Scientists at Fermilab, a US Department of Energy (DOE) national laboratory, have for the first time recorded tracks of charged particles using a small time-projection chamber filled with liquid argon (LAr).
The liquid argon-consuming time-projection chamber (TPC) is a promising technology for the study of high energy physics, and could perhaps allow for the construction of large, cost-effective detectors for future neutrino experiments.
Ultimately, scientists at Fermilab hope to build large neutrino detectors to reveal the role that neutrinos play in the Universe – similar to the way in which scientists at Switzerland-based CERN are attempting to understand the physics and ‘building blocks of matter’ behind the Universe itself.
The development of the liquid argon technology at Fermilab could provide the means to develop electronics and test materials for a huge liquid argon detector in future – according to Cold Facts, the magazine of the Cryogenic Society of America Inc.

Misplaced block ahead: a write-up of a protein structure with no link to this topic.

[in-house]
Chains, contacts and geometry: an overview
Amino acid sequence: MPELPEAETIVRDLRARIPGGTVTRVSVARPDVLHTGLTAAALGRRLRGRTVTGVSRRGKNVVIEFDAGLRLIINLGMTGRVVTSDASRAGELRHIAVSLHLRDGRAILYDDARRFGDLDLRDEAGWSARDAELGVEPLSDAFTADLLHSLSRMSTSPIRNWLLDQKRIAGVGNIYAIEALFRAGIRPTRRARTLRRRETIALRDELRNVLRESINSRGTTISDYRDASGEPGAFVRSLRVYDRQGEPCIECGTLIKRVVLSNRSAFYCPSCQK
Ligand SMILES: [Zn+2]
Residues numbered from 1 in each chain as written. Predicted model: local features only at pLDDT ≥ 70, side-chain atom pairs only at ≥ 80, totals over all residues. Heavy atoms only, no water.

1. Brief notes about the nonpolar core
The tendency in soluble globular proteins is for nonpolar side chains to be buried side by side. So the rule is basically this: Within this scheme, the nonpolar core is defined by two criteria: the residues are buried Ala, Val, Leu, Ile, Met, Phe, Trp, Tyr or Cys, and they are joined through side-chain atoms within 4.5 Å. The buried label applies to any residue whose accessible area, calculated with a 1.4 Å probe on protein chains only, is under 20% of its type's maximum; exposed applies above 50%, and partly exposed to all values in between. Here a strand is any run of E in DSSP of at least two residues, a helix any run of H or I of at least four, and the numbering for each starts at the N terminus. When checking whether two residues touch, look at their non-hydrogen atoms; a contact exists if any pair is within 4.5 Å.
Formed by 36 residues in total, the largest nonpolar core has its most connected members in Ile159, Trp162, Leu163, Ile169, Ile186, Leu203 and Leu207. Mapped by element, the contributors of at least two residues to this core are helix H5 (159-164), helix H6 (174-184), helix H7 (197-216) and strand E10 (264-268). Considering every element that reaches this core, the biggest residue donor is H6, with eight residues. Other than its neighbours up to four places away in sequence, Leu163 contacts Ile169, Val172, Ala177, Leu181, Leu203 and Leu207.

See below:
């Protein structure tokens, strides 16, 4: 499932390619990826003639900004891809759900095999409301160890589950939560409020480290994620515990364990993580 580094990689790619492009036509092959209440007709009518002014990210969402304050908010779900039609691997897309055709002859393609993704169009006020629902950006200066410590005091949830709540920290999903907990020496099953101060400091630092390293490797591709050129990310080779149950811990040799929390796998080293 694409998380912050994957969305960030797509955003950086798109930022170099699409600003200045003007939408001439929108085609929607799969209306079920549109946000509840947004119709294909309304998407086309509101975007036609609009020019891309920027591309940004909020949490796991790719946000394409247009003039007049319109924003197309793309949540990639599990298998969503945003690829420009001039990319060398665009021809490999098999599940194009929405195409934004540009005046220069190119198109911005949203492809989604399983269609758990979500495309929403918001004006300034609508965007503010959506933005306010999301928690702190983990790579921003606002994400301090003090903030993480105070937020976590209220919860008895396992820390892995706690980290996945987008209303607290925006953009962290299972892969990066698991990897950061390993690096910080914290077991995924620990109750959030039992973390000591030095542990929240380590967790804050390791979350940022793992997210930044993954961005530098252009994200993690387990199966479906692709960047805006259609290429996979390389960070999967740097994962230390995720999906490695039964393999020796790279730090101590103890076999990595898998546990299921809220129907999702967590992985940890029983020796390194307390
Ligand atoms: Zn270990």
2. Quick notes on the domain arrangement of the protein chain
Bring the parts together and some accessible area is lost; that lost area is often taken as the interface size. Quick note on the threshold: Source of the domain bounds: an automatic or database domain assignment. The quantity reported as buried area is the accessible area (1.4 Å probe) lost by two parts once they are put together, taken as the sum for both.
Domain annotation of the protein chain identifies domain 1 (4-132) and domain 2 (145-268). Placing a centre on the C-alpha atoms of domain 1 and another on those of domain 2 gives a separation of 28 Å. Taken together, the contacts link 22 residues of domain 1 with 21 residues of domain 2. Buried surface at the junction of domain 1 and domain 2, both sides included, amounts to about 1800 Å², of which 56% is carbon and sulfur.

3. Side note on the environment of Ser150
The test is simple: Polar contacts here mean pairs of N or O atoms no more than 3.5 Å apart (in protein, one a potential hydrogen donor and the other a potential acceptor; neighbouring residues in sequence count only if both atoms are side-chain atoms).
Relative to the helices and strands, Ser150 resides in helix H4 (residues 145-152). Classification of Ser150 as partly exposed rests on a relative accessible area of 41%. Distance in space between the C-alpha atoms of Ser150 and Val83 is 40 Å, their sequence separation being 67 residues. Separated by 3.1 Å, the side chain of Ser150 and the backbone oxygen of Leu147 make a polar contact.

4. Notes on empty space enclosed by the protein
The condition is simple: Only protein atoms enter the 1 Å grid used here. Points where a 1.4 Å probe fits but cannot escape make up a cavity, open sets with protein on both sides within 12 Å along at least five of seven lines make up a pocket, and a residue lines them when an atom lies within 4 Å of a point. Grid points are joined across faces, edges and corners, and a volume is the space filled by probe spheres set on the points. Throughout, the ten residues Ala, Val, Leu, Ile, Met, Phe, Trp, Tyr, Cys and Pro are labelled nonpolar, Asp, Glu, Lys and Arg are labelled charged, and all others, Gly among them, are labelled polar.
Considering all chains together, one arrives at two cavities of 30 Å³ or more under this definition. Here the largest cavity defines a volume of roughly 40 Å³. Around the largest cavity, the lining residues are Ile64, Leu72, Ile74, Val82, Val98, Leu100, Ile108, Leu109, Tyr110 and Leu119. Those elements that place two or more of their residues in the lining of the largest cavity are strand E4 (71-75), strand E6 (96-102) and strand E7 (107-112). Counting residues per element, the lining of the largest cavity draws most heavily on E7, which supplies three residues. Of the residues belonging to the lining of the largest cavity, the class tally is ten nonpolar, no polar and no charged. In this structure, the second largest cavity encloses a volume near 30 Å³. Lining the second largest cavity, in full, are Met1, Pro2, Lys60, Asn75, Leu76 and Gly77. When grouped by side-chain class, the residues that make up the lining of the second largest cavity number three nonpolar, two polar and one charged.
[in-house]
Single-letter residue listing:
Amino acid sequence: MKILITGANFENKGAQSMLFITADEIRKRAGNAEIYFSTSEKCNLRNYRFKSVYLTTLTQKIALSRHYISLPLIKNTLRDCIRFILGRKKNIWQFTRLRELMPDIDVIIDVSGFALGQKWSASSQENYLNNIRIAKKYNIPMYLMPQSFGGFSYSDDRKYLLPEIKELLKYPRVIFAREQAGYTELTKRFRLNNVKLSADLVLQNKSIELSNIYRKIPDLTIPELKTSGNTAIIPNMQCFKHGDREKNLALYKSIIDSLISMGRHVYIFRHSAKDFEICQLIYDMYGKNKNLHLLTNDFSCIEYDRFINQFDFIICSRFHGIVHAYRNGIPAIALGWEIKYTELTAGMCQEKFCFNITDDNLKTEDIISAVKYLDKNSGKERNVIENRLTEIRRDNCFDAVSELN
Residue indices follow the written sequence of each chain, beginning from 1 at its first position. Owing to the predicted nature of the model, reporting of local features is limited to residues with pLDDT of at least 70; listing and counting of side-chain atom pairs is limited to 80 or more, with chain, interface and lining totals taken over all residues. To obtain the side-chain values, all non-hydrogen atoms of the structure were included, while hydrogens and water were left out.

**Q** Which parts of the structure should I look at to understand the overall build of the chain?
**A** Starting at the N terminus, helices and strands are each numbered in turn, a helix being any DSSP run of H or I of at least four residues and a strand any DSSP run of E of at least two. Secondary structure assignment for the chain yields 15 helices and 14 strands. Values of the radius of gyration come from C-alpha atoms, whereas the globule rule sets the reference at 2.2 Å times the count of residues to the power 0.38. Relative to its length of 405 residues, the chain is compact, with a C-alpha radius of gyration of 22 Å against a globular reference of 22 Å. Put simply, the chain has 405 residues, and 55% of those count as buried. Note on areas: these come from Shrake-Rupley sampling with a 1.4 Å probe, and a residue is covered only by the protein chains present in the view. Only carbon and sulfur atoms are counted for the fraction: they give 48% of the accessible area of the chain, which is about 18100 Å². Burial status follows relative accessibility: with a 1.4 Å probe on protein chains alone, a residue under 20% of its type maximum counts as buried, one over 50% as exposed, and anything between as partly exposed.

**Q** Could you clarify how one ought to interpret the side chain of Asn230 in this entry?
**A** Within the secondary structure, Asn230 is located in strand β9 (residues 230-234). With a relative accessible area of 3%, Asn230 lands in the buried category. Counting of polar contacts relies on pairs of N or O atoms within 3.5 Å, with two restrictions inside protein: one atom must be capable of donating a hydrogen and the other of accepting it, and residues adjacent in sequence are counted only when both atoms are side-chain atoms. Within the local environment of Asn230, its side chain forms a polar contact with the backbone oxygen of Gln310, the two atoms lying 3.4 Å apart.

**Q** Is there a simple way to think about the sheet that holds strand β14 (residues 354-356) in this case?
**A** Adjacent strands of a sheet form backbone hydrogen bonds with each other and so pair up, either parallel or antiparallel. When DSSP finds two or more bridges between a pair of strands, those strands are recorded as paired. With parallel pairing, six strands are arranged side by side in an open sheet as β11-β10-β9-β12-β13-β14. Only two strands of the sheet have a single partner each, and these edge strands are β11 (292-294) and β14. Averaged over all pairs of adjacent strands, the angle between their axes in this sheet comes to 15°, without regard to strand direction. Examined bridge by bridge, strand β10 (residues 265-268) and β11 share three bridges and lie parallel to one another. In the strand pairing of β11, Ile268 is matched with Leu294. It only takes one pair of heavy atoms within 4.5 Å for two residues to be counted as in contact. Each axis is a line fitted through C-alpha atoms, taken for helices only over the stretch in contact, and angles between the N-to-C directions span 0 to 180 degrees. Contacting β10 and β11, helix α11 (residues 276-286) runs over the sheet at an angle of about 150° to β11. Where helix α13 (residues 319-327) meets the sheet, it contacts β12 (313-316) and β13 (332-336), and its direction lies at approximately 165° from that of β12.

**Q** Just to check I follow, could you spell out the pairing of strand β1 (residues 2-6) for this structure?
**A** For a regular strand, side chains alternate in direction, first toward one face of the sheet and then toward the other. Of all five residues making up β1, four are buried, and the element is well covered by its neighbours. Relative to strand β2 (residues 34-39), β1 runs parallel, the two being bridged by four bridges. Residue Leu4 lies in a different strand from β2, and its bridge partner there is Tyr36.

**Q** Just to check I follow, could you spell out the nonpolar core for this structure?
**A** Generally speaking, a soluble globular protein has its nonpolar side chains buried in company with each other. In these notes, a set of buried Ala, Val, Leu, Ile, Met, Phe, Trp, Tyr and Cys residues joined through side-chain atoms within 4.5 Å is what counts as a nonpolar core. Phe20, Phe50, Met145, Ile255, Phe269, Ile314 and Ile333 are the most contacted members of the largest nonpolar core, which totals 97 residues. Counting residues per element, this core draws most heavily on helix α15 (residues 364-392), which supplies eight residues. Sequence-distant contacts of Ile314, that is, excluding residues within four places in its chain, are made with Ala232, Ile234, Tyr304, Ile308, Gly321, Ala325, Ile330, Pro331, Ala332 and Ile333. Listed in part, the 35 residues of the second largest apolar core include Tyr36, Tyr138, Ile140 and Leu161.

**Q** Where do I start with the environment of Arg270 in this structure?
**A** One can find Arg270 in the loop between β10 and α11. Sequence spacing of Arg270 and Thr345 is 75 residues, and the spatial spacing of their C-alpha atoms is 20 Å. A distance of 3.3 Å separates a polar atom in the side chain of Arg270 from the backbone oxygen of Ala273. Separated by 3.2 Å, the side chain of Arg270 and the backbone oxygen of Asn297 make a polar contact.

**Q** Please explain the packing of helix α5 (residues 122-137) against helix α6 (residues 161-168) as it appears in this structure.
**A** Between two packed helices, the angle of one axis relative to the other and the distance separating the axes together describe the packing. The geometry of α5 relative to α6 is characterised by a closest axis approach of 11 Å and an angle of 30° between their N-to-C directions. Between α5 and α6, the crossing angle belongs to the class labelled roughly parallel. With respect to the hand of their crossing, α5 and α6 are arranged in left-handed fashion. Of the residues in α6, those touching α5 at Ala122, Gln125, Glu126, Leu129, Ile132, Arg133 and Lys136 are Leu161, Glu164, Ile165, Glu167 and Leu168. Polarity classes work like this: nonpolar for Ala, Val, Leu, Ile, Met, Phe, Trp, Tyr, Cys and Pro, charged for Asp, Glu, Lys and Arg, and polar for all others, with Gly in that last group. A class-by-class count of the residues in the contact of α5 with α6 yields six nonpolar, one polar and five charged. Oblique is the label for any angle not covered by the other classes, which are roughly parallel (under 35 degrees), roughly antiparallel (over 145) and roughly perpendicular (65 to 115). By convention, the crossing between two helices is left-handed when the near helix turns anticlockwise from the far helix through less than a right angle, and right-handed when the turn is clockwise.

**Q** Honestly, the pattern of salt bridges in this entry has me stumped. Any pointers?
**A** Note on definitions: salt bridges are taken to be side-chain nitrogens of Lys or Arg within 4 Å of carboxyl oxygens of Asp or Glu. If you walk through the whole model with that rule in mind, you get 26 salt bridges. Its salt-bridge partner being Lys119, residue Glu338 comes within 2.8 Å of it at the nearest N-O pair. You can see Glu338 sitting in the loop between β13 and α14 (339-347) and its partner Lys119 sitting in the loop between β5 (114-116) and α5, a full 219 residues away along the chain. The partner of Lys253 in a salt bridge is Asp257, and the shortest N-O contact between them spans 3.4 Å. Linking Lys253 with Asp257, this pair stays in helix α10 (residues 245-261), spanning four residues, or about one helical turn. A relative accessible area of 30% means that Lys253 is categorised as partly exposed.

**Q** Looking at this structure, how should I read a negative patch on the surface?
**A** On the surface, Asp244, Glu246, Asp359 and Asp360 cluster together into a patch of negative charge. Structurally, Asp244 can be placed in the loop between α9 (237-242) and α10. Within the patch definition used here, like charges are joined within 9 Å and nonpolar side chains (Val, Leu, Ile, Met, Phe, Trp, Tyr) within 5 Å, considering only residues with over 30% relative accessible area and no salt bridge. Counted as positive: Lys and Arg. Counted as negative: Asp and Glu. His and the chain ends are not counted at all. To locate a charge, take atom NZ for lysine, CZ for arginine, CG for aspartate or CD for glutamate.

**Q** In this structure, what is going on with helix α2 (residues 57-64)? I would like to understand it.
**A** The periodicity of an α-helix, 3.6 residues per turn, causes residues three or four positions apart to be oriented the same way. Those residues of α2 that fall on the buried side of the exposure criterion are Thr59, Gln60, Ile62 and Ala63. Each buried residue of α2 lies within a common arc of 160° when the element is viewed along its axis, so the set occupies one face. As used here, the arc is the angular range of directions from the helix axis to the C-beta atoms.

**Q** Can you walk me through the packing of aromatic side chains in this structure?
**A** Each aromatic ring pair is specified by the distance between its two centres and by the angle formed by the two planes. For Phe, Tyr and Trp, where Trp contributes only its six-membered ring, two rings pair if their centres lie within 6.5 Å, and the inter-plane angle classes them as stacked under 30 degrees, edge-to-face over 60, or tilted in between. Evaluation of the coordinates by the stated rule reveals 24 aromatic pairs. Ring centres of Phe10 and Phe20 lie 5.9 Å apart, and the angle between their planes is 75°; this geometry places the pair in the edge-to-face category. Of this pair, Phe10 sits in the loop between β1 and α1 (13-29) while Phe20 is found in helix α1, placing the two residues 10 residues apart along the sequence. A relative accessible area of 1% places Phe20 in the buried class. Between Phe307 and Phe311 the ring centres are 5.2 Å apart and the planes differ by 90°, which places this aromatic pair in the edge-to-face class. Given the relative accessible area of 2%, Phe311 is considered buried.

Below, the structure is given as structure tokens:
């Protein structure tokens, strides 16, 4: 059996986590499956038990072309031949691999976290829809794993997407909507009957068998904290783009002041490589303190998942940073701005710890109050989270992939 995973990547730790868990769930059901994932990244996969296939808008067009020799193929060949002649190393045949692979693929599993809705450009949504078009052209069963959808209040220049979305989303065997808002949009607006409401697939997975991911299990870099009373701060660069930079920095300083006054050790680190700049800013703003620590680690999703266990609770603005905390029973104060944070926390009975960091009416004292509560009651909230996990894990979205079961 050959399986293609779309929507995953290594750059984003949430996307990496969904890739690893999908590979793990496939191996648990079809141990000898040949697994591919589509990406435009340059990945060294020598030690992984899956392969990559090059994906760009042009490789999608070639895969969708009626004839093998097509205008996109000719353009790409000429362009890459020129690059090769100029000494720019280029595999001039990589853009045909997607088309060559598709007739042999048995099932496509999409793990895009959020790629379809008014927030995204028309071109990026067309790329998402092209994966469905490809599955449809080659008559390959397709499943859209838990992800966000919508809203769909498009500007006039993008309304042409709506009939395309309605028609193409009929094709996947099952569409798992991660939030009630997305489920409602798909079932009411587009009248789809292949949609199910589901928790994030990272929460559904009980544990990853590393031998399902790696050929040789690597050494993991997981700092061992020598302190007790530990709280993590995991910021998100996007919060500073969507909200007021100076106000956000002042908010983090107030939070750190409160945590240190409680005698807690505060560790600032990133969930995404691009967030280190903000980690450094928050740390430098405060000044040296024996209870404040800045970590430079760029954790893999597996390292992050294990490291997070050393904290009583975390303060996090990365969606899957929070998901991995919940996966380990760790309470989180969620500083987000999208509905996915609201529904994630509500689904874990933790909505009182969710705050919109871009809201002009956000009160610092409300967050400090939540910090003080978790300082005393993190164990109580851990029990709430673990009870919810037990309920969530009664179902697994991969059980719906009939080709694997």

A complex process takes place inside the chambers or cryogenic stations. Electrons knocked loose by charged particles travelling through the liquid argon drift along an electric field, towards three wire planes at the top of the chamber which record the signals received.
One of the major challenges met was to remove any impurities in the liquid argon, such as oxygen, that would absorb the electrons before they reached the wire planes. Liquid argon in the two cryogenic test stations was required to be kept at a temperature of 87 Kelvin, which was achieved through cryostats provided by a company in Georgia.